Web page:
Sunday, May 26, 2013

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"Cream of the Crop" Vs. "Best Fit" Sci-Fi Romance

I'm perplexed about the "cream of the crop" mentality regarding elevating some science fiction romance books (and authors) above others. I wouldn't say it's rampant, but I encounter it enough to be concerned.

By "cream of the crop" I mean the idea of placing mainstream print books on a pedestal simply because they're released by a Big Six publisher. This situation manifests when the same authors are mentioned (in forums, blogs, comments, etc.) over and over and over again, as if no one else was writing books in this subgenre.

When it comes to a niche subgenre like SFR, "cream of the crop" as defined by mainstream print distribution is meaningless because there are so few books in that category. You need an entire crop before you can identify the creamy bits (no pun intended!). In fact, where SFR is concerned, the main crop right now is actually comprised of digital-first titles.

Rather than approach titles/author recommendations in terms of "cream of the crop," I'd like to see a greater focus on connecting readers with SFR books that are right for them. Maybe the right book is a mainstream print release or maybe it's digital. Maybe it's by a well-known author or it could be a book by someone no one's ever heard of, with a single SFR title to her name. (Like space pirate heroines? Check out Karin Shah's STARJACKED!).

Allow me to illustrate from personal experience. I've blogged numerous times about Manda Benson's MOONSTEED and PJ Schnyder's A GIFT FOR BOGGLE. Those digital-first stories are among two of the most hardcore niche sci-fi romance titles. Because of their heavyset heroes, they'll probably stay that way. But here's the thing: both books are perfectly suited to my reading tastes. I define them as a best fit for me.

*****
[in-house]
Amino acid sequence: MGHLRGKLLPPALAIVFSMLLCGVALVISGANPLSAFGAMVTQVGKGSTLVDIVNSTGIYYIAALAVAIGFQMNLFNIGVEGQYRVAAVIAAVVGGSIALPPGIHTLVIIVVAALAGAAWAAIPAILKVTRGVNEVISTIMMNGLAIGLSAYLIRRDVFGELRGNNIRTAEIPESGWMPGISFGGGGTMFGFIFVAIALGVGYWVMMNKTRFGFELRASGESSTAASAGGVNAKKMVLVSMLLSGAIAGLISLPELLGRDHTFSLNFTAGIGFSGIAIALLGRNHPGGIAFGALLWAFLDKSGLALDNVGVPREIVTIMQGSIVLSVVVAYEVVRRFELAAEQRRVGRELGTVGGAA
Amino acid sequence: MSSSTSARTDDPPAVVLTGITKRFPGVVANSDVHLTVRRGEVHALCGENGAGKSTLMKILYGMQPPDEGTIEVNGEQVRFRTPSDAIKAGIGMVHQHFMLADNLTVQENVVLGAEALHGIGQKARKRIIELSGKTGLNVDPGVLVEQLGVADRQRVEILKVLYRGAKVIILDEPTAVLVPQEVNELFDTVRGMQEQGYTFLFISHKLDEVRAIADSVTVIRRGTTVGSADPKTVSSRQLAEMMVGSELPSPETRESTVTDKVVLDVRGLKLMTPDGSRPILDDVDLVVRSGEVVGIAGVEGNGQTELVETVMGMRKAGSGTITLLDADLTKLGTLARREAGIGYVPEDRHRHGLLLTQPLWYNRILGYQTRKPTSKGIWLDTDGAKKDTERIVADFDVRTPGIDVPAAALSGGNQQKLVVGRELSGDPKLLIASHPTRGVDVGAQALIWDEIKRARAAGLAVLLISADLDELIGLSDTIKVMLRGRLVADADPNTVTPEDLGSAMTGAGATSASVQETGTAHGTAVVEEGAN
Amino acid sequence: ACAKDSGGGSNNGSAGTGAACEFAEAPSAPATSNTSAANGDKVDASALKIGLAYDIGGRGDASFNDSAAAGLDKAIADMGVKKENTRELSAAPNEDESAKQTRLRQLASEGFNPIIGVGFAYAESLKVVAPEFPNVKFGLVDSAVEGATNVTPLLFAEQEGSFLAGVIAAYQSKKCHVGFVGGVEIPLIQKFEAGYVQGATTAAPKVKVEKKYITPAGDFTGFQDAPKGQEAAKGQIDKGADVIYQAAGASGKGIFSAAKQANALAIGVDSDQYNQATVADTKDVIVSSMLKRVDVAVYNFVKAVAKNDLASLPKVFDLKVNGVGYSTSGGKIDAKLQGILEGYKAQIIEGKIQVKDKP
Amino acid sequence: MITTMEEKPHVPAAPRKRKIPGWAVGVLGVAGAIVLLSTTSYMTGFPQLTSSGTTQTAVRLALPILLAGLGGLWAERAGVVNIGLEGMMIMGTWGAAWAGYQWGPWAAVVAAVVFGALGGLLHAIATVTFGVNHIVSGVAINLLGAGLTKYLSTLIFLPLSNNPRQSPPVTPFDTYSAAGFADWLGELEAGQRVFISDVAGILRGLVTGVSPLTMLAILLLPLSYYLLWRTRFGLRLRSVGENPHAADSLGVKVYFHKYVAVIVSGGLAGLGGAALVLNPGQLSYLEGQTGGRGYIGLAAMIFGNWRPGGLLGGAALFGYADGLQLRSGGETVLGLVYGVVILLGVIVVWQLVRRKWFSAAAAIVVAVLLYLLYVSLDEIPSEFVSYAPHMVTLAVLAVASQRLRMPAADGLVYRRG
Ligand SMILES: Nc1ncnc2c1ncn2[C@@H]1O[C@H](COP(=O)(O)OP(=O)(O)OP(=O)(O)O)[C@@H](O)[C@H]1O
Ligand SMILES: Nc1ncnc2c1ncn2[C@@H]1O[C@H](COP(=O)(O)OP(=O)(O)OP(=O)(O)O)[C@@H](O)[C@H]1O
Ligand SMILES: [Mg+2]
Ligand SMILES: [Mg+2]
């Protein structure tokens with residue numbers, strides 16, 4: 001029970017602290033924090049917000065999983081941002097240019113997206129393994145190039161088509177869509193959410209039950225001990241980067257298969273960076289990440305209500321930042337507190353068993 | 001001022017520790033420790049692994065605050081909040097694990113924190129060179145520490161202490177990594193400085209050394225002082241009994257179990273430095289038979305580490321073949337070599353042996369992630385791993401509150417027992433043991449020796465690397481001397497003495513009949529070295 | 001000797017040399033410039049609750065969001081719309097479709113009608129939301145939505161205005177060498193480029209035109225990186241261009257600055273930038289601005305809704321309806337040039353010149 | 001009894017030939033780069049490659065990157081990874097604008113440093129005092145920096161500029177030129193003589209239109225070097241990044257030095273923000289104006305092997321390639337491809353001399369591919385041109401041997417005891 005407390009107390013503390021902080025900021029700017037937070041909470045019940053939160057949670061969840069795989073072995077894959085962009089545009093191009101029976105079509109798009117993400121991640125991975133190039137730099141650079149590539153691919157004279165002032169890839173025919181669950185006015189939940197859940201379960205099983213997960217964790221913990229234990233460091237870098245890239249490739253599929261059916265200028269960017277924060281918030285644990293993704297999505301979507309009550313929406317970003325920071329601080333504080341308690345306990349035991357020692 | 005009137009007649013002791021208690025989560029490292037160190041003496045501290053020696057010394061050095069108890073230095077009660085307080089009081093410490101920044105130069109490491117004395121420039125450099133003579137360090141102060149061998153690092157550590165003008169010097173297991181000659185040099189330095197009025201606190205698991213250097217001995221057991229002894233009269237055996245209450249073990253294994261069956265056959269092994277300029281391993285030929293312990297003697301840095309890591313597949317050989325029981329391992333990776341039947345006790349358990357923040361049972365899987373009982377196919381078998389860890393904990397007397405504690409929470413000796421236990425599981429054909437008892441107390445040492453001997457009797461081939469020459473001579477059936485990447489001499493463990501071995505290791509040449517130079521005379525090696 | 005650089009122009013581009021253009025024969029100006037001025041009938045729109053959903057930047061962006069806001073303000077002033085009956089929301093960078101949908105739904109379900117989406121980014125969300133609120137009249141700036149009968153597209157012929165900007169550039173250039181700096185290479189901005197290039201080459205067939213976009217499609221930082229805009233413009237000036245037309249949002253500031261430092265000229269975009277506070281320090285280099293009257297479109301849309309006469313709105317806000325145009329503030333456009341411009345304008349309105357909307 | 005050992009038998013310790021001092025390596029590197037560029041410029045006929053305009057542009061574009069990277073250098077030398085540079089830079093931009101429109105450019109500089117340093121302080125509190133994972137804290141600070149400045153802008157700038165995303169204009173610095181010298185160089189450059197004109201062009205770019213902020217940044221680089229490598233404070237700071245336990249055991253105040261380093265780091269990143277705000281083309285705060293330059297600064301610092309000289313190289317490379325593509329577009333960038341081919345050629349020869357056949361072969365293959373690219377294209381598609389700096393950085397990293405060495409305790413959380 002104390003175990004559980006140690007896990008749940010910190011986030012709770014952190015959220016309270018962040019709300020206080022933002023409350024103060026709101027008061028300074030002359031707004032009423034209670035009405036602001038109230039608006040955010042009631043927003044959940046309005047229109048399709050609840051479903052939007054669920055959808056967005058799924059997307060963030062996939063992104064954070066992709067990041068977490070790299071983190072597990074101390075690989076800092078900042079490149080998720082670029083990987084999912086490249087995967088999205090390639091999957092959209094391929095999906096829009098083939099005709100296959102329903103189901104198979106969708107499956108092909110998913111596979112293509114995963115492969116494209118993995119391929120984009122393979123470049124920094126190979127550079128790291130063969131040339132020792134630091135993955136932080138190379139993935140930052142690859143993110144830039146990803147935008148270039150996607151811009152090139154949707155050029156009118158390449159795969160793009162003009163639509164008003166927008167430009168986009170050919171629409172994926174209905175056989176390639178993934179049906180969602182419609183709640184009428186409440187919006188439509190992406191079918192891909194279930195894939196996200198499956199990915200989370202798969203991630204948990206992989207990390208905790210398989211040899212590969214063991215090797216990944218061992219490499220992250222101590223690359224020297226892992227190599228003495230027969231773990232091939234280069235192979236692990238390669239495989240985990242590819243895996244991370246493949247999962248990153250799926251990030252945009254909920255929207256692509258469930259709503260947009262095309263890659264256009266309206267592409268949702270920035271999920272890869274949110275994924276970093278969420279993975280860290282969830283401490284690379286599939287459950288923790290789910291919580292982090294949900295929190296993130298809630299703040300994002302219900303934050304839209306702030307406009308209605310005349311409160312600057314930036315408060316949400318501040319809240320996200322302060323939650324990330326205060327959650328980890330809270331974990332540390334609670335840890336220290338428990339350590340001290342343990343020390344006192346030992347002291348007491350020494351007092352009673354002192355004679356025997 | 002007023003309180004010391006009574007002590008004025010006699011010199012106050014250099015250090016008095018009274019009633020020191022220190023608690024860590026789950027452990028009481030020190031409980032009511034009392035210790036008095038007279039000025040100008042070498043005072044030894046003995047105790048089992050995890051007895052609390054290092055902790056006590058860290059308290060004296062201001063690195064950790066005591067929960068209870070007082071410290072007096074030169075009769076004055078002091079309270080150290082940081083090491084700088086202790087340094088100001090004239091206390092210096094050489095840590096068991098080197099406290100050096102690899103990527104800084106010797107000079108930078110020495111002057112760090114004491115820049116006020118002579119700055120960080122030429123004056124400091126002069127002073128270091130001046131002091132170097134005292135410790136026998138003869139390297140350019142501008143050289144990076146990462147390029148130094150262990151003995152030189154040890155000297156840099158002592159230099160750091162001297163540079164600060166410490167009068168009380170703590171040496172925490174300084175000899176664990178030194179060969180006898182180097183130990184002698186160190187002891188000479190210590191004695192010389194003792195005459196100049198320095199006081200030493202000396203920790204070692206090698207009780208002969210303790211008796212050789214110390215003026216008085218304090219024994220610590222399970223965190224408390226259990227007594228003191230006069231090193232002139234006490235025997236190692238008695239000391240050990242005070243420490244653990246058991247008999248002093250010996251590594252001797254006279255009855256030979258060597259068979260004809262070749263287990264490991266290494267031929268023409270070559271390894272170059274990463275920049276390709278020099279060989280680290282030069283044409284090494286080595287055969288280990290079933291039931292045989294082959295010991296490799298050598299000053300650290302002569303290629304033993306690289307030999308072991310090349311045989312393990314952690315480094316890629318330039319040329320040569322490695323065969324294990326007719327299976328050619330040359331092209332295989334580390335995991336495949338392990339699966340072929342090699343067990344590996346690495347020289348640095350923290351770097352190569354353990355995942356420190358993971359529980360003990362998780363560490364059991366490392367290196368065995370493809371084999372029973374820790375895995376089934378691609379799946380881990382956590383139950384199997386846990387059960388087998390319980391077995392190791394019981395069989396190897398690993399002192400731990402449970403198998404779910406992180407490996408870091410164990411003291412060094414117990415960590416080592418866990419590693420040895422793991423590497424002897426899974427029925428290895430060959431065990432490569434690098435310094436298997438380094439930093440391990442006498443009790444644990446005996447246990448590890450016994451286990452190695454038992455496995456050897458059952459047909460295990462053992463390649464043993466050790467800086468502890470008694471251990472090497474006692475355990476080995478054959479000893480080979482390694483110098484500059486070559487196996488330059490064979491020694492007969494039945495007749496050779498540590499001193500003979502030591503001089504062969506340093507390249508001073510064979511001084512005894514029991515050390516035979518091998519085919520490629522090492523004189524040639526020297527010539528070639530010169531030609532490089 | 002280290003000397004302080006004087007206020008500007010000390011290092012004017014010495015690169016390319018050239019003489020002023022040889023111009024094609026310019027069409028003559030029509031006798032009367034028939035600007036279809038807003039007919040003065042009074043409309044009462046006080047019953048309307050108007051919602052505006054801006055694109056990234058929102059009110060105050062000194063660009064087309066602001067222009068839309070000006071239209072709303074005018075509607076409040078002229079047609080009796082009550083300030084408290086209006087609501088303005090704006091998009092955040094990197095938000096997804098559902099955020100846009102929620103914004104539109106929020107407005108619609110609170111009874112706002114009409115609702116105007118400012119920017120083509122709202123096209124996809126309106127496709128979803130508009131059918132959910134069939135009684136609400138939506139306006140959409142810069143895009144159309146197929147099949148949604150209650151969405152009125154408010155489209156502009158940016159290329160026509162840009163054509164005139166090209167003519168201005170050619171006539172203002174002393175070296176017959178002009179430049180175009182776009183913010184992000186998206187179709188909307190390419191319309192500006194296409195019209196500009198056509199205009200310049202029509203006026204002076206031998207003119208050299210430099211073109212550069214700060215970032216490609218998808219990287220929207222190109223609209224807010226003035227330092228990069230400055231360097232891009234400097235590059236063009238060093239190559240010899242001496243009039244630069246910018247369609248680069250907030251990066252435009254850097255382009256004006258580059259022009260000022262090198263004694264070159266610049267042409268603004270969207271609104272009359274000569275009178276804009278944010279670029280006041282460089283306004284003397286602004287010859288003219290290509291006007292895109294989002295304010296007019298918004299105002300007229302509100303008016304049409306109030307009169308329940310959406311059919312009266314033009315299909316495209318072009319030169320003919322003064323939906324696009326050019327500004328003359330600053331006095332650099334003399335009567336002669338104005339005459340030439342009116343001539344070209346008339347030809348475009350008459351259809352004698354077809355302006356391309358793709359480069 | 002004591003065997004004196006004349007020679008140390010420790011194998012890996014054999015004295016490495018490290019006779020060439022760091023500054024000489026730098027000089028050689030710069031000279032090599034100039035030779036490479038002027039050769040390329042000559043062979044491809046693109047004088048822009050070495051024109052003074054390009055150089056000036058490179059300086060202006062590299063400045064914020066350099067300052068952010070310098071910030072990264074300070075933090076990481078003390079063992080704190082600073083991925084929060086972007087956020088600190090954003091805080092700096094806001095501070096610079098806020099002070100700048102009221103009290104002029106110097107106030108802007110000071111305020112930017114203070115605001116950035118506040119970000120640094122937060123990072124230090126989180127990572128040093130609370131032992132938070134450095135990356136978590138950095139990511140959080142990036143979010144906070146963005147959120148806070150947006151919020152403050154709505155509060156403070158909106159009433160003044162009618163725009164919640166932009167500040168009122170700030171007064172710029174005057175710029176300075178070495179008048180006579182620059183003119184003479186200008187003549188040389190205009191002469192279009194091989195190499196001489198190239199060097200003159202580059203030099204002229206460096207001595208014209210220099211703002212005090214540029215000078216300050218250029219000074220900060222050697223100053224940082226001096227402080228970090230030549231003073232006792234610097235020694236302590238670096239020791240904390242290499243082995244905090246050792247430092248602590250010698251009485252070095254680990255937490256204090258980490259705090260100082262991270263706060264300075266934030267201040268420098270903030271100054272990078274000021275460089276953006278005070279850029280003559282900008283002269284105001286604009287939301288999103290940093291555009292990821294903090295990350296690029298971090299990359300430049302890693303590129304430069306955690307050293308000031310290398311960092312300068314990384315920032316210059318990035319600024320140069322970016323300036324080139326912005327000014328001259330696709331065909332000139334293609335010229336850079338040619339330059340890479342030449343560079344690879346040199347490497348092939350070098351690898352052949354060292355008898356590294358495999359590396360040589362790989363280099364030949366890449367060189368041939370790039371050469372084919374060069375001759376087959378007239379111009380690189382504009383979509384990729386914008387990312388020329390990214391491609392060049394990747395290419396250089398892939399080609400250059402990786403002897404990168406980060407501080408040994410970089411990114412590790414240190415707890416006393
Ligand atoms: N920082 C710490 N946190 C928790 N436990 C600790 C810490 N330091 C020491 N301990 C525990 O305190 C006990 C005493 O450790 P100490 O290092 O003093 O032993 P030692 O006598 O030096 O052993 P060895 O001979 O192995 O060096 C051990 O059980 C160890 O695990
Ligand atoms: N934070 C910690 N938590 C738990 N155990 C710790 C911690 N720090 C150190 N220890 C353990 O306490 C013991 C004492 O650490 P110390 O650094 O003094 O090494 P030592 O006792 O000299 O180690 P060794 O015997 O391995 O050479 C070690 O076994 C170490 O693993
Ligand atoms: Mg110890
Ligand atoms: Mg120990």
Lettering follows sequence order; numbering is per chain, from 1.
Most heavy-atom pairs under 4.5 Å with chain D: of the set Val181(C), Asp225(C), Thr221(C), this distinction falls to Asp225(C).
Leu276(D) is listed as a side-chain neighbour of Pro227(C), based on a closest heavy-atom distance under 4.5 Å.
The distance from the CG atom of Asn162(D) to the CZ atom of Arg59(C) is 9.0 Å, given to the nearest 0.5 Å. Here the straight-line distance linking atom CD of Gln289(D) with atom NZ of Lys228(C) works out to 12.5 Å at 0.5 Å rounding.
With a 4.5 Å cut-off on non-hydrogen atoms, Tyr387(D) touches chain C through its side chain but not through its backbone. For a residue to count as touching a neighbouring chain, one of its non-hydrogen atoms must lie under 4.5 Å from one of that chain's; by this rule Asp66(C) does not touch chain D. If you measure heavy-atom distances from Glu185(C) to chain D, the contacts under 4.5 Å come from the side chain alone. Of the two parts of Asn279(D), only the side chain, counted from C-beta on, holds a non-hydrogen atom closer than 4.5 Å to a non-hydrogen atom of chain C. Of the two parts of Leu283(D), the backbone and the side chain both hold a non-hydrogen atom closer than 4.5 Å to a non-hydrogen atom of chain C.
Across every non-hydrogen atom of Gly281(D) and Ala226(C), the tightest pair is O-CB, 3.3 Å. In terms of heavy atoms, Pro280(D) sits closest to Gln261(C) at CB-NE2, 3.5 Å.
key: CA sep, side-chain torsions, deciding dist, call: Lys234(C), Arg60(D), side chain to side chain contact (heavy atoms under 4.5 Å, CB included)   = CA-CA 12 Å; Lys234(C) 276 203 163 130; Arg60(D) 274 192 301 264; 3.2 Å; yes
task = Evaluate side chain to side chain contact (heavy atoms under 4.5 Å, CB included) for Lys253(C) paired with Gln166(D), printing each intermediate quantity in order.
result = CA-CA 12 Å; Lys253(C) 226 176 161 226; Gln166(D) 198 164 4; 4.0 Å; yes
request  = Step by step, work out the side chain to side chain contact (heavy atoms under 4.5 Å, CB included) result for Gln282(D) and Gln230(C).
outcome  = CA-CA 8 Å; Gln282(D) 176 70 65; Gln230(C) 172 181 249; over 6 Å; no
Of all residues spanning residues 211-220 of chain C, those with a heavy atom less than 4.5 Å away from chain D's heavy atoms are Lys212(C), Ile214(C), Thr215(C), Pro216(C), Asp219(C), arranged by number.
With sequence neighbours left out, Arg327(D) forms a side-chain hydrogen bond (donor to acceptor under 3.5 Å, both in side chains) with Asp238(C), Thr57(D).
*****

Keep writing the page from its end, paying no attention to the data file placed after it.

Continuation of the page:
The authors delivered stories and characters that I value highly. There are mainstream print SFR titles, while competently written and packaged, that don't even come close to matching the interest I have in MOONSTEED and A GIFT FOR BOGGLE. In other words, medium isn't an influential factor in terms of my reading choices or defining "cream of the crop." The question for me is, "Will this title deliver the elements I enjoy?"

Here's another way of examining the issue, using an example from outside SFR.

From what I've learned in reading various reviews, indie author Kristen Ashley has released books riddled with grammatical errors. And I don't mean a typo here and there--we're talking errors that make some passages downright incoherent. Fans themselves acknowledge this aspect about her books. Yet she delivers a type of romance fantasy so high in demand that many, many readers are willing to overlook the multitude of technical flaws.

Kristen Ashley's success demonstrates why it can be advantageous to focus on the fantasies and tropes SFR can deliver when making book recommendations, rather than medium or distribution status. Readers may attach a higher value to a "best fit" story than rigorous editing or the paper a book is printed on.

Of course, it can be challenging to make digital-first recommendations in light of the pedestal mainstream print books still enjoy. A reader might indicate she wants a certain type of book, say, one featuring an android hero. So you recommend a digital-first title or three with exactly that element, only to learn she meant a book written by a Big Name Author. Suddenly, the trope is only valid if certain high profile, print-first authors write them. Yeah, that can be frustrating. Shouldn't it just be about the story?

All SFRs are equal regardless of medium, distribution status, or author. What makes each story special is the meaning it has for individual readers. Therefore, I'd like to advocate a "best fit" mentality when it comes to spreading the word about science fiction romance.

Joyfully yours,